Huh? There are 3 3rd party motor controllers out there already.

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11 hours ago, peterab said:

One thing that I have considered and am surprised no-one has offered yet is a current amplifier to use with the PF receiver. The V2 receiver is relatively rare and expensive but plenty of people want to use 2 PF train motors or multiple XL motors on trains and they become constrained by the current limitations of the PF receiver. A simple circuit with a single power transistor would be fine, with power from the rechargeable battery box, an input from the output of the PF receiver and two outputs for the train motors (of opposite polarity to avoid the need to use a reversing switch). It should be relatively cheap compared to the V2 receiver and popular enough to sell well.

Hi,

I would recomment you to take a look here:

main page: https://www.fxbricks.com/

Specifications: https://www.fxbricks.com/pfxbrick/specifications/

2 motor outputs up to 3Amp / channel.

 

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On 1/8/2018 at 5:05 PM, coaster said:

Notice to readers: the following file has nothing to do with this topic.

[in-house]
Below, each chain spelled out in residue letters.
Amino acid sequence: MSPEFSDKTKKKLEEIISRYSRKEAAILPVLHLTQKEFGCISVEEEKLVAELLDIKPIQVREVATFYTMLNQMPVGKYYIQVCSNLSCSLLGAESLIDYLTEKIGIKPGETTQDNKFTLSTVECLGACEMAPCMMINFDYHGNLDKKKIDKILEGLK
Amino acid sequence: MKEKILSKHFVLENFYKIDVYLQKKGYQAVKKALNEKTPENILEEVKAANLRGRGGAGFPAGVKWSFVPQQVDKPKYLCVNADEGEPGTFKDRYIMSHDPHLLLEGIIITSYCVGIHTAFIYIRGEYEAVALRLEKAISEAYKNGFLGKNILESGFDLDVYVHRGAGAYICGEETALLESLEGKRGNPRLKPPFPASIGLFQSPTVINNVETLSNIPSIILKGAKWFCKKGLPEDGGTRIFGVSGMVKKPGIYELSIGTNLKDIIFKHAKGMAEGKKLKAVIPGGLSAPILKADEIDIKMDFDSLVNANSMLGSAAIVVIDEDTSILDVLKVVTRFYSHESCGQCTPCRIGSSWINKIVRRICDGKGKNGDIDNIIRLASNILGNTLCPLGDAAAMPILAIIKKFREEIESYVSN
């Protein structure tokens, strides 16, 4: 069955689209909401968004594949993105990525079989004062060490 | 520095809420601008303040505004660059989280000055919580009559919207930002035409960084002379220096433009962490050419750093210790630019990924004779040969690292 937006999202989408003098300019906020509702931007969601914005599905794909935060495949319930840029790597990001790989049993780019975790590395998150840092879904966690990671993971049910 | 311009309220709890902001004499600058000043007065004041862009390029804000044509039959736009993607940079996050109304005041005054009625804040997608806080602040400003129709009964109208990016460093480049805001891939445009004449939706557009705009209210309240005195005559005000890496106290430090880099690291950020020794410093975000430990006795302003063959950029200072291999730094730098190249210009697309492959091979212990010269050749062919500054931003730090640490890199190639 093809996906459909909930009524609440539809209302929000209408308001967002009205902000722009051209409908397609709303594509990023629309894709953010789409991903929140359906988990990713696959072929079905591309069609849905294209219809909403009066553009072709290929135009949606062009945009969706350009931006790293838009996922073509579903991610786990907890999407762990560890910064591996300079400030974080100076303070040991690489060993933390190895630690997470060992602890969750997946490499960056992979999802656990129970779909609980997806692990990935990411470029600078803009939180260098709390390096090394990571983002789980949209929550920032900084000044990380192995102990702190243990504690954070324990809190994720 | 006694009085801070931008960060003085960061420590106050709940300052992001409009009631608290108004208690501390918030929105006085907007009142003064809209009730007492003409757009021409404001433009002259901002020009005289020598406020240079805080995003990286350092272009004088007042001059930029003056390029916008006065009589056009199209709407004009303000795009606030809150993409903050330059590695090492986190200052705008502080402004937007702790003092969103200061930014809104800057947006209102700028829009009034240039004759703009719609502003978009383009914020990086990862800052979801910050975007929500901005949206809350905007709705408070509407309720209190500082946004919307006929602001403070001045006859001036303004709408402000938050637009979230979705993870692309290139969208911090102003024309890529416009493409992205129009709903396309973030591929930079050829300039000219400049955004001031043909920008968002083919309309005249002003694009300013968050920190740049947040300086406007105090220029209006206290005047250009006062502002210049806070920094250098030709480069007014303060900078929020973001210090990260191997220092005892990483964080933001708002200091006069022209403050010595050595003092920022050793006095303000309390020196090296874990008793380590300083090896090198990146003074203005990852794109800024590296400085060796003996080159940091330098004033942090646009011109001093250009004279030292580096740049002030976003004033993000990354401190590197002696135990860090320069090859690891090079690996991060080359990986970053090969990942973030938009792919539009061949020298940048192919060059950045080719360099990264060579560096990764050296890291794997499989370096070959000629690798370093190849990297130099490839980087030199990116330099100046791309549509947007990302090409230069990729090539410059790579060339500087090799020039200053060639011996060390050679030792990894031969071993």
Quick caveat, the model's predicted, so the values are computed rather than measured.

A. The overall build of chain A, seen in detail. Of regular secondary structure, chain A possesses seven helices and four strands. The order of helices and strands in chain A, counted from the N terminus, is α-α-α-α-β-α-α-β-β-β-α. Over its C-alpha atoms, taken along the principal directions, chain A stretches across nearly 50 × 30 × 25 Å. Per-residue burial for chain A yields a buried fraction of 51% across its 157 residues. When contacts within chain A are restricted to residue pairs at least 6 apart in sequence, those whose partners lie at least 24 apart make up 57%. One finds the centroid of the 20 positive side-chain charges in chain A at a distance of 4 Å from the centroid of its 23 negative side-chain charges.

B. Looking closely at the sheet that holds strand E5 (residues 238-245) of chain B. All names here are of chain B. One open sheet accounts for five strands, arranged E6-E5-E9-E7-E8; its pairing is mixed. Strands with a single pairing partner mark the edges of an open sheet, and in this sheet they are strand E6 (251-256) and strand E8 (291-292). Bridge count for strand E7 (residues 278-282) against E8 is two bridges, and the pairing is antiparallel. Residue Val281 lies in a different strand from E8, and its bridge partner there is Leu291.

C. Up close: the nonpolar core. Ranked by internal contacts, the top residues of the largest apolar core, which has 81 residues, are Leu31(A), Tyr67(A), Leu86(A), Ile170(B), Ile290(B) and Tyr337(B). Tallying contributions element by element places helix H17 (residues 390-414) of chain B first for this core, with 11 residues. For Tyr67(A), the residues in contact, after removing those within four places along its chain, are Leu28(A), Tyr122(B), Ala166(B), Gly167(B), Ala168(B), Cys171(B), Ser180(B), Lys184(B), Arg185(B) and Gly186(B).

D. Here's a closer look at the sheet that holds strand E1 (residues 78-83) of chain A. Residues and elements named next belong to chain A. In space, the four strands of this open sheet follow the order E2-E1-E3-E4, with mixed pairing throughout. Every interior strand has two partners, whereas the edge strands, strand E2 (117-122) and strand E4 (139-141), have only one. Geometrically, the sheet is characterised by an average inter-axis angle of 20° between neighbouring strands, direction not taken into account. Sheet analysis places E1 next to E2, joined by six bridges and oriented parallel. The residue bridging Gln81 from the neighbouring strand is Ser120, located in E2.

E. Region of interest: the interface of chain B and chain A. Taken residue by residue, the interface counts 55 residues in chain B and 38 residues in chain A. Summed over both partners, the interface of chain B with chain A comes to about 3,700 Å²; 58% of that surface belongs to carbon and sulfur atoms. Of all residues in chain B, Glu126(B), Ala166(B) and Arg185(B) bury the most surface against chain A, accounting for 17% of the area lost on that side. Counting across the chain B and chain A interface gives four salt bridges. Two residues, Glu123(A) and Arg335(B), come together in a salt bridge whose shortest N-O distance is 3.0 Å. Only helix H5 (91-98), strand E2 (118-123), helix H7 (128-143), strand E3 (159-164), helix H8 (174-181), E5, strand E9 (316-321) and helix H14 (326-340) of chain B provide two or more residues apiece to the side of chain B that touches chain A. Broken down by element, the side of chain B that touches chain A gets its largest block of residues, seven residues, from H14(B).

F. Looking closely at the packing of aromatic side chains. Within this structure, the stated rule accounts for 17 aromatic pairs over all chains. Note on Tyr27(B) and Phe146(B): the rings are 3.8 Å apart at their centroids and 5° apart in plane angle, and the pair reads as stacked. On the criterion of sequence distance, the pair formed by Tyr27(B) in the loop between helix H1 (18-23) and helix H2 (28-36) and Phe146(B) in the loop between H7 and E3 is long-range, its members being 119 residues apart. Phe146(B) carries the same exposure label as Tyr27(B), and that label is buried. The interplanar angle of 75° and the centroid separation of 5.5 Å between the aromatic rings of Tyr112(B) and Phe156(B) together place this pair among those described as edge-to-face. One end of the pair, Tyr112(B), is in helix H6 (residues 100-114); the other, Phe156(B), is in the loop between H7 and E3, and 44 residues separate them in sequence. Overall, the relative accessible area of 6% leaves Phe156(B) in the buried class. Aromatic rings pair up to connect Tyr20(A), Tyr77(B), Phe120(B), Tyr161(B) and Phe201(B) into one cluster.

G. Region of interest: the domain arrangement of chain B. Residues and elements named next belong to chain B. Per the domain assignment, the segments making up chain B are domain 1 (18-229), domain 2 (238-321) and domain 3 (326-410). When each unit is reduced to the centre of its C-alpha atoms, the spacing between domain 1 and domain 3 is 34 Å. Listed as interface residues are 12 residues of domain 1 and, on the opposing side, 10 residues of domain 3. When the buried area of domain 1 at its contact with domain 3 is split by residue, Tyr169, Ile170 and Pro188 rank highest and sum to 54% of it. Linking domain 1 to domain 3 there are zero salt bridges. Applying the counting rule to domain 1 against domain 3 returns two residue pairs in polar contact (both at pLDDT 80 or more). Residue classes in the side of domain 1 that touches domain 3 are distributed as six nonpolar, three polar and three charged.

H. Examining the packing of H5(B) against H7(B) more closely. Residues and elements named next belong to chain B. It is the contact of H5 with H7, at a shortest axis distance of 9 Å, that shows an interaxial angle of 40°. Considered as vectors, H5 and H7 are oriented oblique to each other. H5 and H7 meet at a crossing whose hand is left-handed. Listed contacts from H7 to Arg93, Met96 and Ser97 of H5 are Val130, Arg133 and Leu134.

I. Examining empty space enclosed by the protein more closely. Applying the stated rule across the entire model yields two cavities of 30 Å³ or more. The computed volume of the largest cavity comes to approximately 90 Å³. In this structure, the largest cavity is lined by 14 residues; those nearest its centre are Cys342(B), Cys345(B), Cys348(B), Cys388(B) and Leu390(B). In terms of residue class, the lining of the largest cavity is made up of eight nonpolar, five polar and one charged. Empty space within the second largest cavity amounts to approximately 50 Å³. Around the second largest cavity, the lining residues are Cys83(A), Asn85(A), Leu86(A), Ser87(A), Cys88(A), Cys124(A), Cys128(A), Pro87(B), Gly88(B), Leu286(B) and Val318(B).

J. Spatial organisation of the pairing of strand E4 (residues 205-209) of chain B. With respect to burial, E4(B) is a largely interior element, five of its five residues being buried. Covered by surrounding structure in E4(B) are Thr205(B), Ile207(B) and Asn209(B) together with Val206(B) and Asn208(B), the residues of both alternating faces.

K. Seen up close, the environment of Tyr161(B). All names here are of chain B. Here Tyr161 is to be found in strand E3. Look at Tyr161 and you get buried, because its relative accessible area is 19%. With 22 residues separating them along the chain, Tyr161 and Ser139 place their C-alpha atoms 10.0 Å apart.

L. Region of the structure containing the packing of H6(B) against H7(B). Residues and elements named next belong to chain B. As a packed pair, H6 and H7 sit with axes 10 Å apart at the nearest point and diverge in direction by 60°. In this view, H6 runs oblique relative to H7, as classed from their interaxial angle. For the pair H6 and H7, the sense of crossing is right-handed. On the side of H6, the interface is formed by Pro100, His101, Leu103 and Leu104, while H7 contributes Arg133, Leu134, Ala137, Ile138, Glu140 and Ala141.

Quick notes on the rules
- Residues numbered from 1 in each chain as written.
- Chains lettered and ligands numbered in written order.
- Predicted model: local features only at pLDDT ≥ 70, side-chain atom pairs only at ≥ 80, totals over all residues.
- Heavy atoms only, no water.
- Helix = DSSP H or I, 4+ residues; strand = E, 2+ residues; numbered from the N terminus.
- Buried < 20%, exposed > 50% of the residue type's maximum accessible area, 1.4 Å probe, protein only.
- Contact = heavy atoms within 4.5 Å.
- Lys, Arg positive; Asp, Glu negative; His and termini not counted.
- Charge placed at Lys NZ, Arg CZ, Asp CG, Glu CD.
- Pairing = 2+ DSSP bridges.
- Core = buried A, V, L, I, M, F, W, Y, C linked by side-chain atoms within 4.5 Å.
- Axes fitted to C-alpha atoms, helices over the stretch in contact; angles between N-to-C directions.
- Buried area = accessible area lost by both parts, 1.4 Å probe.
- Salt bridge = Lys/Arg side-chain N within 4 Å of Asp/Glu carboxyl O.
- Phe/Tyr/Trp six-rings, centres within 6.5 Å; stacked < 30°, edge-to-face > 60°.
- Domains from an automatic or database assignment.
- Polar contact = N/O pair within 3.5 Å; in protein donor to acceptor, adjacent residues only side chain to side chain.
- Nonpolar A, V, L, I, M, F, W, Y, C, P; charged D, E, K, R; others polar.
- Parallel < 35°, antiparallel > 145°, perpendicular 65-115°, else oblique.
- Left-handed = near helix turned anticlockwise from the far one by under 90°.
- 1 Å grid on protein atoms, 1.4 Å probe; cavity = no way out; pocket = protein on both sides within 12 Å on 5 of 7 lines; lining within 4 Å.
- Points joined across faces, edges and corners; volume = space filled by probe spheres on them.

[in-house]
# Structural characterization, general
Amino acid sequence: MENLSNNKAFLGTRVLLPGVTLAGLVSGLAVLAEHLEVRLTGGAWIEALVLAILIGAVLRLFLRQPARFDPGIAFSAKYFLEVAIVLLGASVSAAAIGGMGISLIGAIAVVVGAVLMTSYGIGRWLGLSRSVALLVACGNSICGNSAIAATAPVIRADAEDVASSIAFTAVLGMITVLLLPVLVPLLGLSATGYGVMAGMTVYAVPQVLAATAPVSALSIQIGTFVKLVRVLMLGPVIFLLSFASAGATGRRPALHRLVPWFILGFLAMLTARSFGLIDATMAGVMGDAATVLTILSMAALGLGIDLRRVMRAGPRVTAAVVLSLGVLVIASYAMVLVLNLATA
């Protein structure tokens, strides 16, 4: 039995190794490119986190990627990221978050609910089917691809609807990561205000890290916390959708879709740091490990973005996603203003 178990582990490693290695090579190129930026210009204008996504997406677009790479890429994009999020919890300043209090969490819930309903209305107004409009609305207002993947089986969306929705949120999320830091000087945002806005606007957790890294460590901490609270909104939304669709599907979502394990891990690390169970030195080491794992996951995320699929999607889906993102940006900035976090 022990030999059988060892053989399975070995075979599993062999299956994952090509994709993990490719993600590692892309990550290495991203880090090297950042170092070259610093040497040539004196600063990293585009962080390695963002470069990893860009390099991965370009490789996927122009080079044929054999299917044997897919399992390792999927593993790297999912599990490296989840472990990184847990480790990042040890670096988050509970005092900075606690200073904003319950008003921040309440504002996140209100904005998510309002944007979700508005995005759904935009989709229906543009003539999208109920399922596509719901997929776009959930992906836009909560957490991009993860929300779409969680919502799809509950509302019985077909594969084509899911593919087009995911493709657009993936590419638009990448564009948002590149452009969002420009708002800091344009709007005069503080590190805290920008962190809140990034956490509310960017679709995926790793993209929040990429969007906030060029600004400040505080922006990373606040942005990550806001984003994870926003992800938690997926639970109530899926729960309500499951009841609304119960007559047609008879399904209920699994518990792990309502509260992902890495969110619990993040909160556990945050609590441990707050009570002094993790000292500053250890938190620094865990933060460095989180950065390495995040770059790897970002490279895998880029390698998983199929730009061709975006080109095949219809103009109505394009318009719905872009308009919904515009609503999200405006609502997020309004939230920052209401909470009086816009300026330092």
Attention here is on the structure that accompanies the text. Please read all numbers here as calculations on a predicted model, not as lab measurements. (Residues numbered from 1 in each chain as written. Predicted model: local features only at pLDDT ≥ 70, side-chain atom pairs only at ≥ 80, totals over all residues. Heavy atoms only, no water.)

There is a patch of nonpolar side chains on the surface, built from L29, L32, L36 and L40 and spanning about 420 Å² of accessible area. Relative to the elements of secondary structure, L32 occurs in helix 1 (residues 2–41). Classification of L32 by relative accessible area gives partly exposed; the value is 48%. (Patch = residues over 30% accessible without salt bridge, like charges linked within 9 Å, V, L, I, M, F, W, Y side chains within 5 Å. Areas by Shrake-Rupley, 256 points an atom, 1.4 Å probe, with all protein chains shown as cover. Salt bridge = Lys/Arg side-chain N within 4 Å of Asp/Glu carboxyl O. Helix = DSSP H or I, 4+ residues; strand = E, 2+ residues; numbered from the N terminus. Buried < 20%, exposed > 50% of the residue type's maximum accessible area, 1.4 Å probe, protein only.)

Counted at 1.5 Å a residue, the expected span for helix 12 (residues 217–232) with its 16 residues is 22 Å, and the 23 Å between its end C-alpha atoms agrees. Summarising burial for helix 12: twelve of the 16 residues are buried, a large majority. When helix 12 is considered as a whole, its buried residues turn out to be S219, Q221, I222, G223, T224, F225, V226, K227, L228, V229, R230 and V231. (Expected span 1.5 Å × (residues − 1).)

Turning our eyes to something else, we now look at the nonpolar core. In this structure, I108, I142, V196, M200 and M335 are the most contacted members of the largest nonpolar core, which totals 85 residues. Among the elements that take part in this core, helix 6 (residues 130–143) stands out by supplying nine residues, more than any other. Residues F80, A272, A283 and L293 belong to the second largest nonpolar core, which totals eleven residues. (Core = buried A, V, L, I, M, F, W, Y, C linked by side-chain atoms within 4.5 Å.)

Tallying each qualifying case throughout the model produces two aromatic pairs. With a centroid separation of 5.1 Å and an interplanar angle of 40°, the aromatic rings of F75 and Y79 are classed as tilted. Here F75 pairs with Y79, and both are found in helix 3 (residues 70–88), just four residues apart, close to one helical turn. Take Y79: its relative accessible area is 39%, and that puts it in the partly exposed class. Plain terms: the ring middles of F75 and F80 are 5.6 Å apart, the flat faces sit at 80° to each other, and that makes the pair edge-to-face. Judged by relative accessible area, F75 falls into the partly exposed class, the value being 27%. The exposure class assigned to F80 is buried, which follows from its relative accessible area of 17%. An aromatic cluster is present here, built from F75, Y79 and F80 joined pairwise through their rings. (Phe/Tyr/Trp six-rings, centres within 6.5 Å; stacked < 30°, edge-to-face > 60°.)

Toying with the idea of making 2x and 4x long straights.  Thoughts?  Unfortunately, break-even point compared to normal LEGO straights is about 1.6 miles of each.

Do only 2x long straights for now. As for switches, start with a large size, then produce smaller sizes as you recover the costs.

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14 minutes ago, Tcm0 said:

But it's much more expensive.

It's a choise you have to make between the different 3rd party providers. I think all depends on your use of the PF receiver.

the one i mentioned is specially developped for train users with a lot of extra's what others don't have.

And all 3rd party PF receivers will cost more than the original LEGO receiver. Low production volume, higher production cost

Also the idea from Peterab will only work in one direction if single transistor used.

If you want to drive forward or backwards, you need at least 4 transistors.

And this is one of the major problems, you lose too many voltage across the transistors (aprox. 1.5V).

Better is the use of FET's (which is the case in the PF-V2 receiver).

 

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On 9.1.2018 at 2:05 AM, coaster said:

Toying with the idea of making 2x and 4x long straights.  Thoughts?

PF? Not worth your time:

Spoiler

8 straight track pieces for $4.99/4.25€/£3.75 shipped:

39622094231_7d3da5c11a_o.jpg